Trip Advisor does this well with is destination information but on the hotels reviews front, TA hasn’t really moved on that much at all since its launch.

    Companies implementing a reviews system have the choice to be the same as everyone else, and capture text only hotels reviews – or they can be adventurous and forward thinking and capture review, ratings, photos and videos of hotels, attractions, destinations, restaurants etc….

    By the way – this kind of content is brilliant for driving your social media channels too!

    Through experience, we recommend a two prong approach. Email your customers to ask them to add their hotel reviews, but also leave posting open to any online visitors to add their experiences of the destination, food, attractions etc….

    And in case you wanted to know how to do this, here you go

    • Sean O'Neill

      Sean O'Neill

      THanks for adding your voice on reviews systems, especially the relevance to social channels, too.

  6. Mike

    When you click on the request pricing link on the homepage of guest comment you get “Whoops, we can’t find that page”.

    I think the idea is a good one (depending on the pricing of course), but I think people would be less likely to leave negative comments if they are still on site at the hotel. They might leave helpful suggestions, but isn’t this the job of the hotelier to communicate with their guests if they have any problems or suggestions? Another simple way to do this is email guests after their stay to see if they had any suggestions or ideas for improvement.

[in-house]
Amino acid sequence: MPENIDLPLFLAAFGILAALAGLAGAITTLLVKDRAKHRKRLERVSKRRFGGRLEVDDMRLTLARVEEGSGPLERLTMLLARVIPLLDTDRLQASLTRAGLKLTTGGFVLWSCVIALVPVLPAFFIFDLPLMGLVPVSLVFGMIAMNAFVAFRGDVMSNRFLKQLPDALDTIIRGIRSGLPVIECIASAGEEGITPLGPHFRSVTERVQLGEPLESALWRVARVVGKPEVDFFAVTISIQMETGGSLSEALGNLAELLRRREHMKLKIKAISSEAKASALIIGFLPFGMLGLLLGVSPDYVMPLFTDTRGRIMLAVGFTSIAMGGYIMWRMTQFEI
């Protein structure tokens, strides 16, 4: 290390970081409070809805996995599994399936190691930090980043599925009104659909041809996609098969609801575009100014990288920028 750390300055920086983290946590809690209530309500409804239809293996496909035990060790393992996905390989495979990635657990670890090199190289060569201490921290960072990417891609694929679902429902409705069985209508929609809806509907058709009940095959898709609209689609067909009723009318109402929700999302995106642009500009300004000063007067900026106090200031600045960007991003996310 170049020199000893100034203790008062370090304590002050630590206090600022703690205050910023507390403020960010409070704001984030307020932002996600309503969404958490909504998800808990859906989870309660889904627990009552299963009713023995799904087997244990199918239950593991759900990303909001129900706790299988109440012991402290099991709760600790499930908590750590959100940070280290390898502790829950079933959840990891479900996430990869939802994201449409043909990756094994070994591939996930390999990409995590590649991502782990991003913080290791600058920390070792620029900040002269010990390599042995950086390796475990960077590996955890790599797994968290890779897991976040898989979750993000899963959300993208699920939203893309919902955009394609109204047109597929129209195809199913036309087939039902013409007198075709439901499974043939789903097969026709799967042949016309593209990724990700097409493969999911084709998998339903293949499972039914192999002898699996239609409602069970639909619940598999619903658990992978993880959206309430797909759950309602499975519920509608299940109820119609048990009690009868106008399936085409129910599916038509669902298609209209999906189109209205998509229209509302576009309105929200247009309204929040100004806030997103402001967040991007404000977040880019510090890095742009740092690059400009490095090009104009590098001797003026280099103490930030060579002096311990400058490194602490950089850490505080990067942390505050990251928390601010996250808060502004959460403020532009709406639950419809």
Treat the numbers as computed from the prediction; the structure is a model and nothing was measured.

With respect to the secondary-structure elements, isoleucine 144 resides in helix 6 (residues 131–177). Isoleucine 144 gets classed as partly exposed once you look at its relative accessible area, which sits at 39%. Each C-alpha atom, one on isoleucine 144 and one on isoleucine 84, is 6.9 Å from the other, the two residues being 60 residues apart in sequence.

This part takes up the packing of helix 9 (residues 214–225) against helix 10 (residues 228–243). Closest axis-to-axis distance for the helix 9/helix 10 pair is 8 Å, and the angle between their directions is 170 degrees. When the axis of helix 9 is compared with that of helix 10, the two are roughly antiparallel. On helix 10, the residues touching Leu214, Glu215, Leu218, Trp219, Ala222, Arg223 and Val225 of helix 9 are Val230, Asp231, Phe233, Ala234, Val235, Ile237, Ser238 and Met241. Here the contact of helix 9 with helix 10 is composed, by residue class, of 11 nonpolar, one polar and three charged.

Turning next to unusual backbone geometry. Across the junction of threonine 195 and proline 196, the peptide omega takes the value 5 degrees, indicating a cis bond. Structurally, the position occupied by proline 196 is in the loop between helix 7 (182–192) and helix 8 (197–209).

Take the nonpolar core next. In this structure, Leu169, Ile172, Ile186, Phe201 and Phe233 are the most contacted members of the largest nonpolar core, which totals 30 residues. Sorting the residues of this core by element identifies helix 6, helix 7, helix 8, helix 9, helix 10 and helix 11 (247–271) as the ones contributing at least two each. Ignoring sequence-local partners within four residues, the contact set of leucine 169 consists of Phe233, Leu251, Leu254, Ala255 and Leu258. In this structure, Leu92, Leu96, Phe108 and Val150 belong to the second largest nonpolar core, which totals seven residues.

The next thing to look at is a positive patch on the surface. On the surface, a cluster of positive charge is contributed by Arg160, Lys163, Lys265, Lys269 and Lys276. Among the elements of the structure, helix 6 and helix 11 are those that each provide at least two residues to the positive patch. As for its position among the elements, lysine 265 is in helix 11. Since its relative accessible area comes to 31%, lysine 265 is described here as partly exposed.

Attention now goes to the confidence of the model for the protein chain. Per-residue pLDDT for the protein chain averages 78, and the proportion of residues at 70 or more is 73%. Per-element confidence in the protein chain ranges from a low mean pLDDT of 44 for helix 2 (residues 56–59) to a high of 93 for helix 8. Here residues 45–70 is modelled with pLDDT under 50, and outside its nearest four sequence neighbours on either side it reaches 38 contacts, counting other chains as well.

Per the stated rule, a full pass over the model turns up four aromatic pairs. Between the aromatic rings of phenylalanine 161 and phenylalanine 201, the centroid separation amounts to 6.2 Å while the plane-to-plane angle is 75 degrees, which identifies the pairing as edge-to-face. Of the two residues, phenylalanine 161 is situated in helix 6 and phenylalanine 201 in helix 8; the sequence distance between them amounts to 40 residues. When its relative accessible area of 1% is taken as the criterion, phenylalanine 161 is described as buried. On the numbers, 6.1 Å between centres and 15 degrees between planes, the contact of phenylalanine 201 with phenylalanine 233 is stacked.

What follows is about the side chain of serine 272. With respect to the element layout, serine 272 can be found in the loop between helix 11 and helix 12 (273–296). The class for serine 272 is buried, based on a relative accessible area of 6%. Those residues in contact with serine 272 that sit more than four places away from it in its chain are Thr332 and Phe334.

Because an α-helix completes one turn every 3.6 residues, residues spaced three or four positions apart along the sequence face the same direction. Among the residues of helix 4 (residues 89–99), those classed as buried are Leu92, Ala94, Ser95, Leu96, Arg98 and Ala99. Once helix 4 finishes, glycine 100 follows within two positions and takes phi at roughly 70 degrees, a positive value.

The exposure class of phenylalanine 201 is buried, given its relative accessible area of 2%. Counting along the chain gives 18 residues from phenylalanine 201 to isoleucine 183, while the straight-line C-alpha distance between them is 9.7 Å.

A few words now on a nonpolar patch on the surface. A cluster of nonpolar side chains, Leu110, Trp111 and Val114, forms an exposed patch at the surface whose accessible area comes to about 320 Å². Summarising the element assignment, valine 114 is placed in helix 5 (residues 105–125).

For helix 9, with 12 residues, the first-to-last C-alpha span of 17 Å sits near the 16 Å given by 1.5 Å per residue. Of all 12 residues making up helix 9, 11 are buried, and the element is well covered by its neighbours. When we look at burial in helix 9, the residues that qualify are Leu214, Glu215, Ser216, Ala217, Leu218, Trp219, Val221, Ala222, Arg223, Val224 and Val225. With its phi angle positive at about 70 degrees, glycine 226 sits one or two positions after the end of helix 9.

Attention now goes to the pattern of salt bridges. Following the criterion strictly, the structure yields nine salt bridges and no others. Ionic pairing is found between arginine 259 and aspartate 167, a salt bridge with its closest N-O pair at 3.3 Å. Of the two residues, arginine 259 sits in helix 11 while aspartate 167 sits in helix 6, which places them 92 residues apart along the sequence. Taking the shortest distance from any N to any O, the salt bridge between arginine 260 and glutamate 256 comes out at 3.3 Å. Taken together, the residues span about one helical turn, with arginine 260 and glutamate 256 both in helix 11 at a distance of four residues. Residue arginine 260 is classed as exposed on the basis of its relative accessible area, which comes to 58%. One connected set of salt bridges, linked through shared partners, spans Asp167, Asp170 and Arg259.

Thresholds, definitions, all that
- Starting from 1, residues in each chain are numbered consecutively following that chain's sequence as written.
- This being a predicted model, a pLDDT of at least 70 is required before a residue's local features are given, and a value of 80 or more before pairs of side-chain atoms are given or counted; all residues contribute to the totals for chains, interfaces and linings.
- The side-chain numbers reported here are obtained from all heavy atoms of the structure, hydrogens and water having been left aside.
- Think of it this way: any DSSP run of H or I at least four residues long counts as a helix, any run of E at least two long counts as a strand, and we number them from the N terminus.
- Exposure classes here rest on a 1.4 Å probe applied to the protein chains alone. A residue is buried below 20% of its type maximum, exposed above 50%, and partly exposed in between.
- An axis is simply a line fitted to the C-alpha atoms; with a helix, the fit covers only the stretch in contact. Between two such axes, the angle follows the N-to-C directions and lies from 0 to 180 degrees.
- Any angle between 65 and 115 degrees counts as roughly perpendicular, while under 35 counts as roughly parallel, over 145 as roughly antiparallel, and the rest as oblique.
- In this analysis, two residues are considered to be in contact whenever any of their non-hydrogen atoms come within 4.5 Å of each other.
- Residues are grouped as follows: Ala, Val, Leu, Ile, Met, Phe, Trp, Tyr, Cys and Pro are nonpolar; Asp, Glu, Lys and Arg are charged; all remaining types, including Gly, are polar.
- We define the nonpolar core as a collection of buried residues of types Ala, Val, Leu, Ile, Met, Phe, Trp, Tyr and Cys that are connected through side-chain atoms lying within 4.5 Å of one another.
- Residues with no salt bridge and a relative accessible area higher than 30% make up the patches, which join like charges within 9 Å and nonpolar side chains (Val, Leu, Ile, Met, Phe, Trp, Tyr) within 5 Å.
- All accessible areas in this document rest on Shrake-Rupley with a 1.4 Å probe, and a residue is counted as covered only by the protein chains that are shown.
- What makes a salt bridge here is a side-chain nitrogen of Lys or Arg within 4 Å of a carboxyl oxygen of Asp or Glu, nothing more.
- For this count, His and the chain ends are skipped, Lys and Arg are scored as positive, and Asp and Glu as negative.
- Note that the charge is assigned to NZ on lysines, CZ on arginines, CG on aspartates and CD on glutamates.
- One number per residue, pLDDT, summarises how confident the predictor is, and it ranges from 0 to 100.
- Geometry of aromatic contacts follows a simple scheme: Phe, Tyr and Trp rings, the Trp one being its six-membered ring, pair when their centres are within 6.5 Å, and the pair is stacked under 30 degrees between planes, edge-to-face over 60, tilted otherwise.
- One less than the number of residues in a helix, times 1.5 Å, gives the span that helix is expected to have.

• Andy Beal

      Thanks Mike. We moved the page, but forgot that link. I have fixed it.

      You’d be surprised at how many people wish to avoid a face to face confrontation, but still want resolution. Also, not every hotel is provided with the guest’s email address–crazy but true.

  7. Rajesh

    Yes. IMO, that is just one among others for remaining on top…

  8. Sean O'Neill

    Sean O'Neill

    Hi, Rajesh,
    Interesting thought that Google’s algorithm favours sites with lots of user engagement, so that keeps TA reviews at the top of SERPS.

  9. Rajesh

    and considering the fact that google has sufficiently changed their algos to reward user engagement and it being a know fact that they are already rewarding significant boost to sites with a lot of user reviews, fraudulent reviews are set to be too rampant in the next couple of years.

  10. Kevin May

    Kevin May

    Okay, we’re finished with the plugging, folks 😉

    [looking at you GuestComment 😉 ]

    • Andy Beal